• Once the script is in place you move onto the thumbnail stage of the project. This is where the artist draws small quick sketches of the whole book. This is where you see the story come to live for the first time. At this stage you get to see the pacing of the book and overall flow.
  • Revisions on art begin with the thumbnail stage.
  • Once thumbnails are approved we move to the pencil sketches. Pencil sketches are often delivered digitally. Styles vary as some artists are very detailed and others are loose. The benefit of lots of detail, however, is that you can see if the characters have enough variety and emotion.
  • Issues of style can be very important and at the pencil stage is where you really get to see if the style is a match or not. These must all be approved before moving forward.
  • The Ink phase is next. At this point the imagery really starts to come to life, and you get a stronger sense of lighting through shading. It is very hard to edit things once they are inked. Yes, the artist can white out the work, or re-draw it and edit it in digitally. But revisions should try to happen in the pencil stage.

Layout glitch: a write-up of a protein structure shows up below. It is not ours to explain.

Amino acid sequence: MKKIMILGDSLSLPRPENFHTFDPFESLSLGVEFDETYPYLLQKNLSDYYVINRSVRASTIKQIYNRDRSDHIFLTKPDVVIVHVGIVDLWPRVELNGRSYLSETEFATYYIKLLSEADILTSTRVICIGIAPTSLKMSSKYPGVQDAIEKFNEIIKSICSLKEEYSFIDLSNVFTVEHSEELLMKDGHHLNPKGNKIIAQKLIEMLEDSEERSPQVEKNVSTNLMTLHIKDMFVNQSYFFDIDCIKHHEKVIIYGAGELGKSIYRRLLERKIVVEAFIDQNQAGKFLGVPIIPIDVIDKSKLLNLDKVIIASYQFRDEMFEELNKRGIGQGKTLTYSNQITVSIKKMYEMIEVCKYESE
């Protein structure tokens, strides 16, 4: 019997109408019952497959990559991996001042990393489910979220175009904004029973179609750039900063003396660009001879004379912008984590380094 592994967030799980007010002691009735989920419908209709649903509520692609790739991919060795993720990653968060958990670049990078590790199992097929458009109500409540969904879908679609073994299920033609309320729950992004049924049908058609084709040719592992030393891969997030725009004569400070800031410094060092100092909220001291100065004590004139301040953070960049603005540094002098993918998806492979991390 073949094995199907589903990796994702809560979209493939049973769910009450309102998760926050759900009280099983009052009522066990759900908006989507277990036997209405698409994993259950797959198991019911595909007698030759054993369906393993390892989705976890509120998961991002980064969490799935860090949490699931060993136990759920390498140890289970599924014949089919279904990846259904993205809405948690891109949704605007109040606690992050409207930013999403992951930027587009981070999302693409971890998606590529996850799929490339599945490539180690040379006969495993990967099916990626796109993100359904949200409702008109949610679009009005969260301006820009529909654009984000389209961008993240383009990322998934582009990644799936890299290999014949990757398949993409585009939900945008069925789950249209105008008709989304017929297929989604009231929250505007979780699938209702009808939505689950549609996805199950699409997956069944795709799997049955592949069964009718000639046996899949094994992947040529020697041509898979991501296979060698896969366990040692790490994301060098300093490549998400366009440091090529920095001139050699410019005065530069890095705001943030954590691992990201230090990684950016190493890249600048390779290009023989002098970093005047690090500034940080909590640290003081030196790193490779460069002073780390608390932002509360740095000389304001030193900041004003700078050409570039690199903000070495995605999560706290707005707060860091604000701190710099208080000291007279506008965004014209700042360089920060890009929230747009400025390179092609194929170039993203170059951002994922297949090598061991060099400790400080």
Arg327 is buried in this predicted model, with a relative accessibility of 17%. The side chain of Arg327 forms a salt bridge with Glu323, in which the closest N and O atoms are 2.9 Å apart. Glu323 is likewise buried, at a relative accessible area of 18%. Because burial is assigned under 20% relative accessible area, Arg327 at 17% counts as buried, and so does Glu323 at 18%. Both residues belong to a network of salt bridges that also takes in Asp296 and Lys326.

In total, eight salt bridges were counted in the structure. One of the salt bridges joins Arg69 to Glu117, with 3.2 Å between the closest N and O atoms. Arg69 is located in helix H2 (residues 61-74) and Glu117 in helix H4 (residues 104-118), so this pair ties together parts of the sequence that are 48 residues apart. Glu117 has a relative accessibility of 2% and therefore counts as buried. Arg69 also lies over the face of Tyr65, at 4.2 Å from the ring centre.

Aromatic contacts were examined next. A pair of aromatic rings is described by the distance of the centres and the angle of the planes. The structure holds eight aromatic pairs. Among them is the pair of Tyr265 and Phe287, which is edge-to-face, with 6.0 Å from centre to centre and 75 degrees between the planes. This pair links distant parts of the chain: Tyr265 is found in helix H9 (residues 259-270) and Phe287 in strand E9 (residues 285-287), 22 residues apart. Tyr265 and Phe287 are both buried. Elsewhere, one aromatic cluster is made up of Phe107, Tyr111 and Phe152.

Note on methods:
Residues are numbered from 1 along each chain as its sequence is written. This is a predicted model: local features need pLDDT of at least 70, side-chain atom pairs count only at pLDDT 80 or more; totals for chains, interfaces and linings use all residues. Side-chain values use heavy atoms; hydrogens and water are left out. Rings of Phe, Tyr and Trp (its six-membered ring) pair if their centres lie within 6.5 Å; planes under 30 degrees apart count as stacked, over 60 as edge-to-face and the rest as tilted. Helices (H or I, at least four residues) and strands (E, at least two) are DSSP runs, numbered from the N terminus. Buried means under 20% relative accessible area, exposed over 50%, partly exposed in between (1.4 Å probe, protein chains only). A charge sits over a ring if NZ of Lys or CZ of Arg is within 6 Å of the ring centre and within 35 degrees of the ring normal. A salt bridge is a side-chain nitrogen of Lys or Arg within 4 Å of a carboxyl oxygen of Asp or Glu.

Scanning, Coloring, and Lettering:

  • Scanning the artwork was a new element that Eliopulos did not budget for. (We all learn!) As high resolution scans need to be made for each page of artwork.
  • The colorist comes on board once the work has been digitized and adds color in the computer. The colorist is really an artist in his/her own right. In fact, in some graphic novel reviews, the critics will mention the colorist by name. Color really adds the opportunity to give more depth to an image.